Since you haven't supplied any component part numbers, it's hard to say
really, if that is what's going on.

--
"I'd rather have a bottle in front of me than a frontal lobotomy"

http://webpages.charter.net/jamie_5 "


Re: Understanding a split-mode power supply.
On Sun, 04 Jan 2009 16:05:58 +1100, Sylvia Else

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In the self-oscillatin flyback, base current is supplied
regeneratively by the feedback winding, to provide over-drive for
saturated switching. Beta is assumed to be somewhere between 4 and 12.

Note that the drive connection is drawn across the EB jn, so fusing of
the resistor would not turn the switch off - the voltage on the
emitter and base terinals could then be quite large - popping locally
connected parts like Q1.

Some re-examination of the actual board connections and further
examination of the feedback section (usually not very elaborate) may
offer further insight.

RL

Re: Understanding a split-mode power supply.
On Sun, 04 Jan 2009 14:41:04 +1100, Sylvia Else

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You seem to have access to some tools and a fair understanding of
basic electronics. There's nothing preventing you from undertaking a
repair by component substitution, for your own interest's sake,
providing you are aware of, and use, use safe procedures around
powered circuitry.

This assembly was designed to fail in a safe manner - no fire,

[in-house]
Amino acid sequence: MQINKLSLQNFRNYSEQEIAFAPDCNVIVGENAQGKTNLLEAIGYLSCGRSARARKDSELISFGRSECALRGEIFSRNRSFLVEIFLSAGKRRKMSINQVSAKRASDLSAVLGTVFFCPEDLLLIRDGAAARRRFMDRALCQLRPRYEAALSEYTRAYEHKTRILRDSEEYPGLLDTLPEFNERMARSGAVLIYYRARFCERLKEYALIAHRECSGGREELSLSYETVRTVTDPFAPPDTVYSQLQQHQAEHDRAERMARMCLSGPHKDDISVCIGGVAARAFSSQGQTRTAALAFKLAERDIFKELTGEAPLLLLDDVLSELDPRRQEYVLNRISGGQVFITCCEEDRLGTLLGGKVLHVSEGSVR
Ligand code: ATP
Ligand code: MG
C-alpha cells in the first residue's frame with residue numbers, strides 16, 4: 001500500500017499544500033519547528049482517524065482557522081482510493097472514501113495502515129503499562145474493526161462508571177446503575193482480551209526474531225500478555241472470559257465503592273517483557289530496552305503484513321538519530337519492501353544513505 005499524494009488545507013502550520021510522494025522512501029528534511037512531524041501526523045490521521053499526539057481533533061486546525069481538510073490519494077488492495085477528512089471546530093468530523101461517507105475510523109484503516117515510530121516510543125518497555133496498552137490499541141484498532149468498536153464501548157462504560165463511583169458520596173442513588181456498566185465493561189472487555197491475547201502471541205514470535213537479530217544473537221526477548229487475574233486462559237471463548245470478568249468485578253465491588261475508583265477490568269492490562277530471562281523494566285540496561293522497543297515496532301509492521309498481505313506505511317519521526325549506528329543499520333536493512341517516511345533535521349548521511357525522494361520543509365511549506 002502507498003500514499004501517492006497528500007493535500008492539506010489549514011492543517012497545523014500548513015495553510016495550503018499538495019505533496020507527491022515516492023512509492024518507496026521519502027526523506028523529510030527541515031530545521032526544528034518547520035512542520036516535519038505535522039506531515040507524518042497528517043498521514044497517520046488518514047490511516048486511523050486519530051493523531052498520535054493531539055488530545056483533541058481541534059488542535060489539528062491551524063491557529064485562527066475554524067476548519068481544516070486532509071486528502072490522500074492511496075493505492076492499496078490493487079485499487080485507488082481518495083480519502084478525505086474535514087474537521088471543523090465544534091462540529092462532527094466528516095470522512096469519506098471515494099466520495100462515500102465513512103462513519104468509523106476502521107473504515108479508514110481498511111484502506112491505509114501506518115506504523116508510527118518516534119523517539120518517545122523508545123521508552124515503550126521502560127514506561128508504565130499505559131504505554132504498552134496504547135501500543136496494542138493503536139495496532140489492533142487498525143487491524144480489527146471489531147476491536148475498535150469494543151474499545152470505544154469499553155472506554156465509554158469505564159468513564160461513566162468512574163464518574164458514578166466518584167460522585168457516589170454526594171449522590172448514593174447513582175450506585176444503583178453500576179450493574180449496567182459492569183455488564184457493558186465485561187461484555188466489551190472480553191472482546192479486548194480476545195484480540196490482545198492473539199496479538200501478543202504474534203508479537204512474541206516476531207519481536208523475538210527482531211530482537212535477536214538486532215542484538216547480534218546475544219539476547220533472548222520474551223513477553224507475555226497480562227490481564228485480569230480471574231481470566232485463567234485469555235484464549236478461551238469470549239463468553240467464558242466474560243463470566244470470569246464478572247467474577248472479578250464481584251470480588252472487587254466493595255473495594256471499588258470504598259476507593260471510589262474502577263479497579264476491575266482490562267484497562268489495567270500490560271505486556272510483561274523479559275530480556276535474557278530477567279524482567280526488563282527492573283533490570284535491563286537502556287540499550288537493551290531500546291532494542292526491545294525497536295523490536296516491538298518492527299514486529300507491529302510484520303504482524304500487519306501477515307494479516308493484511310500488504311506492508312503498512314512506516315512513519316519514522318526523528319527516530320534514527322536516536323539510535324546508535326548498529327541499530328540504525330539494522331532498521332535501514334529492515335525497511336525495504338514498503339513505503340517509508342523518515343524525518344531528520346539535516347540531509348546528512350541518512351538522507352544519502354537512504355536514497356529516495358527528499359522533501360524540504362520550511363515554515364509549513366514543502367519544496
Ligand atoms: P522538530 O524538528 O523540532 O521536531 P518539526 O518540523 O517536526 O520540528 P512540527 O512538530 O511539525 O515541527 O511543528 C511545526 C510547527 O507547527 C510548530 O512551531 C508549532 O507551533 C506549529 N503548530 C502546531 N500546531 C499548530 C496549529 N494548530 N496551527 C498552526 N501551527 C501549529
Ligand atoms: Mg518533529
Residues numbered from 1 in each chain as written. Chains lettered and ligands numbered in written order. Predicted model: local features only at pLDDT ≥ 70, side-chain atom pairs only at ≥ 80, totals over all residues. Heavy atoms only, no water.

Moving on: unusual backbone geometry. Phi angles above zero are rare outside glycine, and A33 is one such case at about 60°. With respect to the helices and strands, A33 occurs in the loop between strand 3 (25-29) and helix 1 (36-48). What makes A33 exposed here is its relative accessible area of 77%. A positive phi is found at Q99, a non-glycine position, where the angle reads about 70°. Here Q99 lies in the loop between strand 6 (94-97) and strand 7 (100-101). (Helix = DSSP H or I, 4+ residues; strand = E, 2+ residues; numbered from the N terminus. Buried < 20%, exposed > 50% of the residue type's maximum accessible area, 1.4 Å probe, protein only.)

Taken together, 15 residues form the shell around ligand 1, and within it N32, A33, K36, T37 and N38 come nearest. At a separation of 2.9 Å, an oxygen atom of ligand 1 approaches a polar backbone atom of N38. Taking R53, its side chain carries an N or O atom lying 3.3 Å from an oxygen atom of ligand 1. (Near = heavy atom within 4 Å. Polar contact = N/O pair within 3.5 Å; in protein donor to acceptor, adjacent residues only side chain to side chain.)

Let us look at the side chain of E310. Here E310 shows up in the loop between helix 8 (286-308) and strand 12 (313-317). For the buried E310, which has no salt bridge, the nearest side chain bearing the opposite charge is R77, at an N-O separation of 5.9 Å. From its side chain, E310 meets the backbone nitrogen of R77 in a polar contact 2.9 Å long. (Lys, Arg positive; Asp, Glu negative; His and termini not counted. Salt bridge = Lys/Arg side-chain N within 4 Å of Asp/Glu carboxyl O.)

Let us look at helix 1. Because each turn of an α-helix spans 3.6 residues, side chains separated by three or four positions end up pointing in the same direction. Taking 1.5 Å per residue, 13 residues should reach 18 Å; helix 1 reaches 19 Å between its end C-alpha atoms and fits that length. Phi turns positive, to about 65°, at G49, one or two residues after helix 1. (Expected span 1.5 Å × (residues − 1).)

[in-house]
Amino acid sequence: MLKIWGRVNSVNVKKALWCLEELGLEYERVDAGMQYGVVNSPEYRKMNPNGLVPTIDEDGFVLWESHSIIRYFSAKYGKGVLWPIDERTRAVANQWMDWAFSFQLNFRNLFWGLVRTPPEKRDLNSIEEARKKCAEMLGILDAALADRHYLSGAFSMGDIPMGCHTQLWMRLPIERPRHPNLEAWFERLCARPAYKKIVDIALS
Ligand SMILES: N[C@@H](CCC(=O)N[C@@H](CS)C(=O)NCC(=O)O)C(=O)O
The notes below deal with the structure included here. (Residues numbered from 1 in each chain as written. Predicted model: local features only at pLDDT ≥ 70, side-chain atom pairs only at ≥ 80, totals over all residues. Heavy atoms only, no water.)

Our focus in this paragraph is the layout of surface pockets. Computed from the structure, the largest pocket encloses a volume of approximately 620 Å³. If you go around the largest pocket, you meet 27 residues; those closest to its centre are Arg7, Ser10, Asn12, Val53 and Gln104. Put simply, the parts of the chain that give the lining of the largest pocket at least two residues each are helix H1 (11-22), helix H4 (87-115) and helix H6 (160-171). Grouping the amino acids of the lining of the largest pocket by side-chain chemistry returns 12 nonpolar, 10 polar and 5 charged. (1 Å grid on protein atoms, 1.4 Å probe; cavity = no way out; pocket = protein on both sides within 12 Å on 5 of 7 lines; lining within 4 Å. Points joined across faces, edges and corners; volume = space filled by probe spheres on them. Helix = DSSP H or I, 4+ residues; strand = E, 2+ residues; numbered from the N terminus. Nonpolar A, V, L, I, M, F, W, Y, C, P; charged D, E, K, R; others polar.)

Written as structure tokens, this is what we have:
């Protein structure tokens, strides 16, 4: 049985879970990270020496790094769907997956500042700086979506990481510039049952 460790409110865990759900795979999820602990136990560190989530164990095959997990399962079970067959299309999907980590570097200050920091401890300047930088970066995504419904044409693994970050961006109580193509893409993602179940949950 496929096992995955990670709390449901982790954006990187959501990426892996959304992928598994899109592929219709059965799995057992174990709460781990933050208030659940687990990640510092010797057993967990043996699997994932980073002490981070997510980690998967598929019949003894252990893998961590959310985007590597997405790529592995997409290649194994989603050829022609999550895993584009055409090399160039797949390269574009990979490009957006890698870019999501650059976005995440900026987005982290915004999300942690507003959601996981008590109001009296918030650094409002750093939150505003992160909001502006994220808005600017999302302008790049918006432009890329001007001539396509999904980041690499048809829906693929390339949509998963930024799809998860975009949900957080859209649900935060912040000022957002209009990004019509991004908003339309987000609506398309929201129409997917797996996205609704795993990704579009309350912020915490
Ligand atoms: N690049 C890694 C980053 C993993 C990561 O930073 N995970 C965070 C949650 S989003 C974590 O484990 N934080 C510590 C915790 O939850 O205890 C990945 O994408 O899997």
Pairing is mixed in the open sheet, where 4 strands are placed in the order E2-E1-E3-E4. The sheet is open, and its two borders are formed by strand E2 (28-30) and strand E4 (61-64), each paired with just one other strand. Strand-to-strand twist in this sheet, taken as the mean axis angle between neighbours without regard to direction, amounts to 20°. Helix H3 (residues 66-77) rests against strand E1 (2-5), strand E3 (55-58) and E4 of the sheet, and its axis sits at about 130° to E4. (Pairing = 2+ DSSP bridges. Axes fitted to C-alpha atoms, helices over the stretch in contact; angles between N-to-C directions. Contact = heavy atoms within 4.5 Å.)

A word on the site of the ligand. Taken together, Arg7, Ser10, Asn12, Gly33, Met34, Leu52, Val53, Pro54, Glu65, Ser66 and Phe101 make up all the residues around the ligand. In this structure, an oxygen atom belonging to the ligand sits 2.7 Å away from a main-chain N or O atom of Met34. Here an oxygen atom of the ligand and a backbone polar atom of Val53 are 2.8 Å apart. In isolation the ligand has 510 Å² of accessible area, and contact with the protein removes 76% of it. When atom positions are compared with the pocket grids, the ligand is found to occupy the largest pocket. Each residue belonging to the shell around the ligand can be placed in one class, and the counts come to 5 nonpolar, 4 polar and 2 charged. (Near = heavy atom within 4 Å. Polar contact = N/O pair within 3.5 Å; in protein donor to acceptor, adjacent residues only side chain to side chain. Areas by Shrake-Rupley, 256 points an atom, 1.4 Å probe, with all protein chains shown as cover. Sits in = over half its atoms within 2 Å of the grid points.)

explosion or shock hazard was intended to result from a single fault
resulting in the fusing of the emitter resistor. However, this does
not mean that the repaired unit will meet the same standards. The
events that occurred may have affected the safety isolation of
magnetic isolators in such a way that a second similar event may not
be as benign.

If the main switch is not damaged (a big if), damage to the magnetic
component's internal insulation is also unlikely. With the
introduction of foreign particles, anything is possible. It should at
least be subjected to a basic hipot stress test procedure, after the
repaired and cleaned assembly is burned in and still warm.

RL

Re: Understanding a split-mode power supply.

"Sylvia Else"
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** Looks well cleaned up.

Perfectly OK to use in any device that has only  FUNCTIONAL insulation
requirements.

( As opposed to "double insulation " or Class 2 safety insulation
requirements )



.....   Phil



Re: Understanding a split-mode power supply.
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system.


Someone else , last month, asked a similar question here.I have now found
the text book that I found useful for understanding SMPSs

Simplified design of Switching Power Supplies
by John D Lenk, 1995


--
Diverse Devices, Southampton, England
electronic hints and repair briefs , schematics/manuals list on
We've slightly trimmed the long signature. Click to see the full one.
Re: Understanding a split-mode power supply.
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Thanks for the reference.

Sylvia.

Re: Understanding a split-mode power supply.
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I obtained a second hand ex-library copy for a few dollars plus postage.
Interesting reading.

Judging by the book's condition - mint - I'd have to wonder whether it
was ever even looked at.

Sylvia.